Homeothermy in adult salmon sharks, Lamna ditropis
- Cite this article as:
- Goldman, K.J., Anderson, S.D., Latour, R.J. et al. Environmental Biology of Fishes (2004) 71: 403. doi:10.1007/s10641-004-6588-9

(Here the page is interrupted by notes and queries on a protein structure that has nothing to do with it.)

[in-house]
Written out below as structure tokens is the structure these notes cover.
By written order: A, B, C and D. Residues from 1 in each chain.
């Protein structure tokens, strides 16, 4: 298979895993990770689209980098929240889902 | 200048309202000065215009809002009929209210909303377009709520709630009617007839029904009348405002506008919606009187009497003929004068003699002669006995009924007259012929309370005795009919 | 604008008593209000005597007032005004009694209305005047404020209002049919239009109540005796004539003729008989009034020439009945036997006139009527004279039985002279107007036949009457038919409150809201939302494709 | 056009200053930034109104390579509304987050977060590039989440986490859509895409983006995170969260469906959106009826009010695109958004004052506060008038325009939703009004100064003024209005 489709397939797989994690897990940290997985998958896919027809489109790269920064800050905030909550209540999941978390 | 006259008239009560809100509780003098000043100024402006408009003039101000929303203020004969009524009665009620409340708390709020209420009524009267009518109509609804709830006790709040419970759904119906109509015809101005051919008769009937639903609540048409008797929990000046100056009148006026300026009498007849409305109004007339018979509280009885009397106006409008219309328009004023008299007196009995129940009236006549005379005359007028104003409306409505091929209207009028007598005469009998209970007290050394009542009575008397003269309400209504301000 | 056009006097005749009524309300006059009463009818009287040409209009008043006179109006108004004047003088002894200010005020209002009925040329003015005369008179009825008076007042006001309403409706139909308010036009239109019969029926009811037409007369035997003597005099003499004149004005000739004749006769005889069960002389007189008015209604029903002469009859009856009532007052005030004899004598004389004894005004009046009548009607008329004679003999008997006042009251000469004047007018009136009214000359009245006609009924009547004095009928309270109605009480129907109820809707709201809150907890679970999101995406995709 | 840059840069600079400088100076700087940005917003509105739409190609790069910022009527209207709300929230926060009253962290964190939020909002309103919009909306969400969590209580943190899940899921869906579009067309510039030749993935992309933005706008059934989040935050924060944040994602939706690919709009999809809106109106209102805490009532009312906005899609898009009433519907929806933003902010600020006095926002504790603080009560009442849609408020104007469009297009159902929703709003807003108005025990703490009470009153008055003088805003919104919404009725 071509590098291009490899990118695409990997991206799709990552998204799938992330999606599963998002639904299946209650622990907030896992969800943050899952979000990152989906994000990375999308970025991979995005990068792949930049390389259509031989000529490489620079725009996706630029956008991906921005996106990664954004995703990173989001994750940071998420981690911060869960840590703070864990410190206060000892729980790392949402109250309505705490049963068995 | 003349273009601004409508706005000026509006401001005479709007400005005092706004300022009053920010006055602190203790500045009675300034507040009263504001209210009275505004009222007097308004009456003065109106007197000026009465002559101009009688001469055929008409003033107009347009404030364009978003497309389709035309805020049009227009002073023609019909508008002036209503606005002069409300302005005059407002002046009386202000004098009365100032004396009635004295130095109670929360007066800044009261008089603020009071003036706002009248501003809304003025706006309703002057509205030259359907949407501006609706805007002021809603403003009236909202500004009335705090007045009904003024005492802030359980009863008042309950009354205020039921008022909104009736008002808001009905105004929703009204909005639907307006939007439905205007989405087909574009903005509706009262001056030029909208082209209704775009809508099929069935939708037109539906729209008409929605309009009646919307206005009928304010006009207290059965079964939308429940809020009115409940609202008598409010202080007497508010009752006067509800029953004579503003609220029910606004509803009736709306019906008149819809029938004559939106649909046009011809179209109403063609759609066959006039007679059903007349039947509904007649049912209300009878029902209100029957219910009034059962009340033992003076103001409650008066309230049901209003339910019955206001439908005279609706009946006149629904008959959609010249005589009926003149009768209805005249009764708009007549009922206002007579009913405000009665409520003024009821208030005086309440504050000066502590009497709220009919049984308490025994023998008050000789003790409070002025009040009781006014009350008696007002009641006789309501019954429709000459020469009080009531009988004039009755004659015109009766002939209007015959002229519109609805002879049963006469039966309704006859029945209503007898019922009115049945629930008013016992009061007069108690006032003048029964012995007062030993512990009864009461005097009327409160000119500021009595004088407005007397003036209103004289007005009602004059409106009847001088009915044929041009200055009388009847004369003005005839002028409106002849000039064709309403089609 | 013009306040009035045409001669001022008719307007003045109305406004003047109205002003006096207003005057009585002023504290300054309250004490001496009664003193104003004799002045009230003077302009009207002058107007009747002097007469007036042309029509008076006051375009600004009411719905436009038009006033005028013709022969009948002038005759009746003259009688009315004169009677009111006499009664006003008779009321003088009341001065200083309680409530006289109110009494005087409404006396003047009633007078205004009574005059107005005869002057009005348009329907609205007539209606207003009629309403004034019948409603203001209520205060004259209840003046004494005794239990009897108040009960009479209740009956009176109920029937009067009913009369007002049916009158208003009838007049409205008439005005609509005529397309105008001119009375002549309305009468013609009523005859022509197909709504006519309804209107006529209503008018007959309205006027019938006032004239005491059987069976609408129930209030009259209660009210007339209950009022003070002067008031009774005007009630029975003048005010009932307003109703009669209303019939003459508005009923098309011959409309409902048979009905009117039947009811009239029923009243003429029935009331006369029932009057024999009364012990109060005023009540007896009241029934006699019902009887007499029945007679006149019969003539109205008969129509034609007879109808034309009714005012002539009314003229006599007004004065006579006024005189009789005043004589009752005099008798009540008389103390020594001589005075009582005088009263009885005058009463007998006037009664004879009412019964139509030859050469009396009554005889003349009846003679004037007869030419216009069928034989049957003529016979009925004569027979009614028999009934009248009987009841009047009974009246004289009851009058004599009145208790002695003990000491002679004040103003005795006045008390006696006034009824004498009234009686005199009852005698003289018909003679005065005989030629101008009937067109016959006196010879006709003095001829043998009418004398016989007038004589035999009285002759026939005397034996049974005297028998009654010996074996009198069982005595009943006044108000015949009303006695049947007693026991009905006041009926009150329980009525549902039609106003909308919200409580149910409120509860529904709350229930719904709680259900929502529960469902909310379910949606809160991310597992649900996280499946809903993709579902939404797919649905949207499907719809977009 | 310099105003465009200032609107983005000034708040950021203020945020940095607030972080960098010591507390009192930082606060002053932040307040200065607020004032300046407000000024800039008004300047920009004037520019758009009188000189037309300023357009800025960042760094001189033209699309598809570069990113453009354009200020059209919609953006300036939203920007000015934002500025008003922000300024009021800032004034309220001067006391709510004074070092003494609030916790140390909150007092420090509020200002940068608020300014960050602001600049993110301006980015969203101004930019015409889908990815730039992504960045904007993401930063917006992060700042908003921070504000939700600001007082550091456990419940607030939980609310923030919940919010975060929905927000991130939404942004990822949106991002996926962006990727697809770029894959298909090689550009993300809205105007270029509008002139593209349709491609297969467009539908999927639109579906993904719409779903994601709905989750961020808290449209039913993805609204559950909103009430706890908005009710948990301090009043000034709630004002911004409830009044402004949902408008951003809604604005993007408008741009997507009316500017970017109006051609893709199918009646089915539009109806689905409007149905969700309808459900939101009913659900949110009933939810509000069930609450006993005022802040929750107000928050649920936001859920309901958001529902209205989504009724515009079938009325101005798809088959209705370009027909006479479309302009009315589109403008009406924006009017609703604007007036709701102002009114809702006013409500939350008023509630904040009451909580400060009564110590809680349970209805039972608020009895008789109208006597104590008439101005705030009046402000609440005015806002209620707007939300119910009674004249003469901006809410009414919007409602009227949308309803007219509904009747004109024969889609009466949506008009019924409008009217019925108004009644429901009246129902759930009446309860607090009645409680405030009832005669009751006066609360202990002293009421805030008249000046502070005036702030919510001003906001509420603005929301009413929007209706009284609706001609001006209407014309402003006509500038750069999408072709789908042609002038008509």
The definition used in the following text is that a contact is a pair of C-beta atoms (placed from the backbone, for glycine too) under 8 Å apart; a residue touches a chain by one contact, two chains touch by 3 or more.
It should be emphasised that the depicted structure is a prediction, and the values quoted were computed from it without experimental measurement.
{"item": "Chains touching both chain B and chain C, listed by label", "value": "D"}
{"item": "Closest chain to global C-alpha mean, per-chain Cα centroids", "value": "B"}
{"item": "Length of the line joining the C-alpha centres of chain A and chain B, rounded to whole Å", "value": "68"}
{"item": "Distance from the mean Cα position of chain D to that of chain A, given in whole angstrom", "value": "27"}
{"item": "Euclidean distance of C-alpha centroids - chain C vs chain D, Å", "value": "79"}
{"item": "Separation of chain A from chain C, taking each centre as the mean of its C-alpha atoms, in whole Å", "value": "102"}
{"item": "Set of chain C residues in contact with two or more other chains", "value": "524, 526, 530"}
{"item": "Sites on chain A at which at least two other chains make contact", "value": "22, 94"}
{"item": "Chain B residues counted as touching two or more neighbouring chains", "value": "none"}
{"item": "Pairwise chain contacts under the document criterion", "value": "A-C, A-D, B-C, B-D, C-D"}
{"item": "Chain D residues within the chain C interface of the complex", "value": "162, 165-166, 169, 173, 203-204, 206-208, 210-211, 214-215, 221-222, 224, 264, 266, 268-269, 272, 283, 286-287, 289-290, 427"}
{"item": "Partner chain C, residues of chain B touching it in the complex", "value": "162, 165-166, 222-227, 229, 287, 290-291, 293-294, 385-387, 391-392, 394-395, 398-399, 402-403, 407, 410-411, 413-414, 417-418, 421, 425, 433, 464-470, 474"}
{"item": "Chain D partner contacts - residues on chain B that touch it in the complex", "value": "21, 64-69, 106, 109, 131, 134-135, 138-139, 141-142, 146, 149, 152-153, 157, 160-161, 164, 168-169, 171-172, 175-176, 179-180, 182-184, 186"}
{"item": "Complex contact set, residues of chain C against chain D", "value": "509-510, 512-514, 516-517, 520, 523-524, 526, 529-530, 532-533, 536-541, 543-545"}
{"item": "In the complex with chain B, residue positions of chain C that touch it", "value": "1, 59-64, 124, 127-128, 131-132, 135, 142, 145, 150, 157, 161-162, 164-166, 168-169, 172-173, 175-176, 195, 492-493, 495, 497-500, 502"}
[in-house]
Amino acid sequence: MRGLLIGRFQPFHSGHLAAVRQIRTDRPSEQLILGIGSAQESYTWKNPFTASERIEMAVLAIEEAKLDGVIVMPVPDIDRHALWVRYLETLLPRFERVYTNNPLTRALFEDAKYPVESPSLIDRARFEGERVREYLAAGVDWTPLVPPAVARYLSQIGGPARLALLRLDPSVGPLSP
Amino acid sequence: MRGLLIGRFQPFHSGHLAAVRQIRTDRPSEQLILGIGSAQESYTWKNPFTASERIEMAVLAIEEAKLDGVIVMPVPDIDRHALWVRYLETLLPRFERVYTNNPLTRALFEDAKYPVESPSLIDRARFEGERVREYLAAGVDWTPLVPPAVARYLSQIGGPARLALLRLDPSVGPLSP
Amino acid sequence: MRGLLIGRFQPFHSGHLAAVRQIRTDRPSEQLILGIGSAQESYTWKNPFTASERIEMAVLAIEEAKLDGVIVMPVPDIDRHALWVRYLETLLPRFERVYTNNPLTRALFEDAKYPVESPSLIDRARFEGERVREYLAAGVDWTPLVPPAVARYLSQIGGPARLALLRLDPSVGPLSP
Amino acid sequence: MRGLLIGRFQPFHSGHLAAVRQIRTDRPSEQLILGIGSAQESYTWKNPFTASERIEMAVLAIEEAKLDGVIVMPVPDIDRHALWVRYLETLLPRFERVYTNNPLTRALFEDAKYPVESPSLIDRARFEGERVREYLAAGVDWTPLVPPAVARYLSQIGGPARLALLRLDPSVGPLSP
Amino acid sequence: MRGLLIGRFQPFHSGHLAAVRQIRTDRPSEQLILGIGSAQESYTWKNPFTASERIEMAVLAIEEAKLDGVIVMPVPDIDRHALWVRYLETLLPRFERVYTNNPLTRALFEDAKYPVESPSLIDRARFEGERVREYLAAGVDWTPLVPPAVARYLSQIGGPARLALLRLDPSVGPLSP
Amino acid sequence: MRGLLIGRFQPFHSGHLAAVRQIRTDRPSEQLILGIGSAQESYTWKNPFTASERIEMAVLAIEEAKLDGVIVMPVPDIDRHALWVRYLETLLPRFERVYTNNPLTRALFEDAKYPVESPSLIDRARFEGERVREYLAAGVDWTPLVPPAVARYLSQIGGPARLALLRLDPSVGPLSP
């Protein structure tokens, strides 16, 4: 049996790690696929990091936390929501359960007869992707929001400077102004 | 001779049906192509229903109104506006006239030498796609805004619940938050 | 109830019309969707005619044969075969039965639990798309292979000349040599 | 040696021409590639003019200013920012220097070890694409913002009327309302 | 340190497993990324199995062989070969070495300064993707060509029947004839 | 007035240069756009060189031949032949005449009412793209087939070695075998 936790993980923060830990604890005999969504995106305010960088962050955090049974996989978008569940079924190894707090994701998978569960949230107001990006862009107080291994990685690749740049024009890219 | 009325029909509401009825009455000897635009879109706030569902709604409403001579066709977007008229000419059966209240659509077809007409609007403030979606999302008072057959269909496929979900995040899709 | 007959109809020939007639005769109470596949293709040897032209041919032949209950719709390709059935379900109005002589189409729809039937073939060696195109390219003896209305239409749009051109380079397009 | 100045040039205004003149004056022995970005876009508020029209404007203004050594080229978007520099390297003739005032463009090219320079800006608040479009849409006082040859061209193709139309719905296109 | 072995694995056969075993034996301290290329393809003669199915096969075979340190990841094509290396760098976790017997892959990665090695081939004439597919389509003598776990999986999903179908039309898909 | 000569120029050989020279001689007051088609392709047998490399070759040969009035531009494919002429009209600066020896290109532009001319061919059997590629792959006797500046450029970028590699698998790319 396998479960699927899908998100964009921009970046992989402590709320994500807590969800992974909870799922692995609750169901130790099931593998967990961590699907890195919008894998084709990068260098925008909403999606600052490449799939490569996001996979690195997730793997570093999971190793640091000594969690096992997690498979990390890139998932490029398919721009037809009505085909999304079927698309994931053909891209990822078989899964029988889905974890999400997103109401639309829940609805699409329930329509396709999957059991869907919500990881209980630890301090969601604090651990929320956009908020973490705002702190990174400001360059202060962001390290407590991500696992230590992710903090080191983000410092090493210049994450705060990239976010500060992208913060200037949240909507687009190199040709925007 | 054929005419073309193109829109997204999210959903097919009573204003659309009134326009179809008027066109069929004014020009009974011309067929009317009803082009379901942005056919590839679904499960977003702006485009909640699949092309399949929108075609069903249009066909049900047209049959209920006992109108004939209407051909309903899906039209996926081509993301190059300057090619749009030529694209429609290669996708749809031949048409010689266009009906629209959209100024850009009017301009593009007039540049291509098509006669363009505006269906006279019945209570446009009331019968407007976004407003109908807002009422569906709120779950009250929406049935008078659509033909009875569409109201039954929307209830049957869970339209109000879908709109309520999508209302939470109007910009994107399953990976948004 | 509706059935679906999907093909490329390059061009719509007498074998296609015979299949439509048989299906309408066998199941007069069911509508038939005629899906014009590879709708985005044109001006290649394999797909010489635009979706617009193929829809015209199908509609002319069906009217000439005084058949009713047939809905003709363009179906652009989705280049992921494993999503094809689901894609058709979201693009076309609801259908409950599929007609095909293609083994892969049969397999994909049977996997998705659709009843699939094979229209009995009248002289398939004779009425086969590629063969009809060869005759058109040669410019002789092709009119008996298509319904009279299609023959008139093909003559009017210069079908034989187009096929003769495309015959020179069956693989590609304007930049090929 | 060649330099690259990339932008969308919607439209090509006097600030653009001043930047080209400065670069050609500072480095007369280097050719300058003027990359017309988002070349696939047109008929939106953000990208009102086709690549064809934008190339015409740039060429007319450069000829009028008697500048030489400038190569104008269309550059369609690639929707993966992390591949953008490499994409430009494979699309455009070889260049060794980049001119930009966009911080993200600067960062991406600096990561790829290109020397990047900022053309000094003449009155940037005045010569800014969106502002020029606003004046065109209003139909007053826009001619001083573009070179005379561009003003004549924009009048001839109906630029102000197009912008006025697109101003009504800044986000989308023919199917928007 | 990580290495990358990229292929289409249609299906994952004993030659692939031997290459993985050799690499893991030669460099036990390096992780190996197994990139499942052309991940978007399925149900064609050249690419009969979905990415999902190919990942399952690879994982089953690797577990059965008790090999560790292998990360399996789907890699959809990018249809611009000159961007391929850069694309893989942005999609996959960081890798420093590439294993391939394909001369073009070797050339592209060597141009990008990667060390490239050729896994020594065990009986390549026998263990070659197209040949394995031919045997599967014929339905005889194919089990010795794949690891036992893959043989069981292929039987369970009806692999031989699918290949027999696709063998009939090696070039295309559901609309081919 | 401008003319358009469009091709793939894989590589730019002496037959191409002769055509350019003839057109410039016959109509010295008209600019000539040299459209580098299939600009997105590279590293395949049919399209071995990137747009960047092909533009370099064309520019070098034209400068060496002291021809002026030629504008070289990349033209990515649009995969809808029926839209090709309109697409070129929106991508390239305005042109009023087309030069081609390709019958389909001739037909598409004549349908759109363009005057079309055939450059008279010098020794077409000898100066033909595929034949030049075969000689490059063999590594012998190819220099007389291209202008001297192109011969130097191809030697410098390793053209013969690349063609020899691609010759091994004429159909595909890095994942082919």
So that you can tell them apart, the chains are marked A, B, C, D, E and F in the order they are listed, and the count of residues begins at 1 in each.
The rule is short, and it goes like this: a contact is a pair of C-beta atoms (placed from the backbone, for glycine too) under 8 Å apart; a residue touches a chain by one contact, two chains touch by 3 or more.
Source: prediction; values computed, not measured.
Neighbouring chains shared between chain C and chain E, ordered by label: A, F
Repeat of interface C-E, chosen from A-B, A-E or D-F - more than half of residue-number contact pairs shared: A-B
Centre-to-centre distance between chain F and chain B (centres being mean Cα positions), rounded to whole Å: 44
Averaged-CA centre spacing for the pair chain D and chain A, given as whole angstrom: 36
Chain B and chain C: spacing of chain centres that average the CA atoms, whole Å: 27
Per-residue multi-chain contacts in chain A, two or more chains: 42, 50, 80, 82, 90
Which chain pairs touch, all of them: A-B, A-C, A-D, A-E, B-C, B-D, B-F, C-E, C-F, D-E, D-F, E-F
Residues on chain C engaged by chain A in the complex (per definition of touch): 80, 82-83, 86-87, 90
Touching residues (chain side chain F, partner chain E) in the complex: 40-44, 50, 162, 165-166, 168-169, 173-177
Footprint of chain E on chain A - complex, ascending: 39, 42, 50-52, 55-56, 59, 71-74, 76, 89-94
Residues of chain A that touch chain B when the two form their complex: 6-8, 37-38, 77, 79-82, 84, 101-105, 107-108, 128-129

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Salmon sharks, Lamna ditropis, belong to a small group of sharks that possess vascular counter-current heat exchangers (retia mirabilia) allowing retention of metabolically generated heat, resulting in elevated body temperatures. The capacity of free-swimming lamnid sharks to regulate rates of heat gain and loss has not been demonstrated. Using acoustic telemetry, we recorded swimming depth and stomach temperature from four free-swimming salmon sharks in Prince William Sound, Alaska. Temperature data were obtained over time periods ranging from 3.8 to 20.7 h. Temperature profiles of the water column were obtained concurrently for use as estimates of ambient temperature. Mean stomach temperature among four individuals tracked ranged from 25.0 to 25.7°C. These sharks defended specific elevated temperatures regardless of changes in ambient temperature, which ranged from about 5–16°C. The maximum observed elevation of stomach temperature over ambient was 21.2°C. Because stomach temperatures were so strictly maintained relative to changes in ambient temperature, a thermal rate coefficient, k, (°C min−1 °C thermal gradient−1) for cooling of 0.053 min−1 was obtained via a `control' experiment with a dead salmon shark. We show that free-swimming adult salmon sharks maintain a specific stomach temperature independent of changes in ambient temperature through a combination of physical and physiological means, and essentially function as homeotherms. This unique ability is probably the underlying factor in the evolutionary niche expansion of salmon sharks into boreal waters and in their ability to actively pursue and capture highly active prey such as salmon.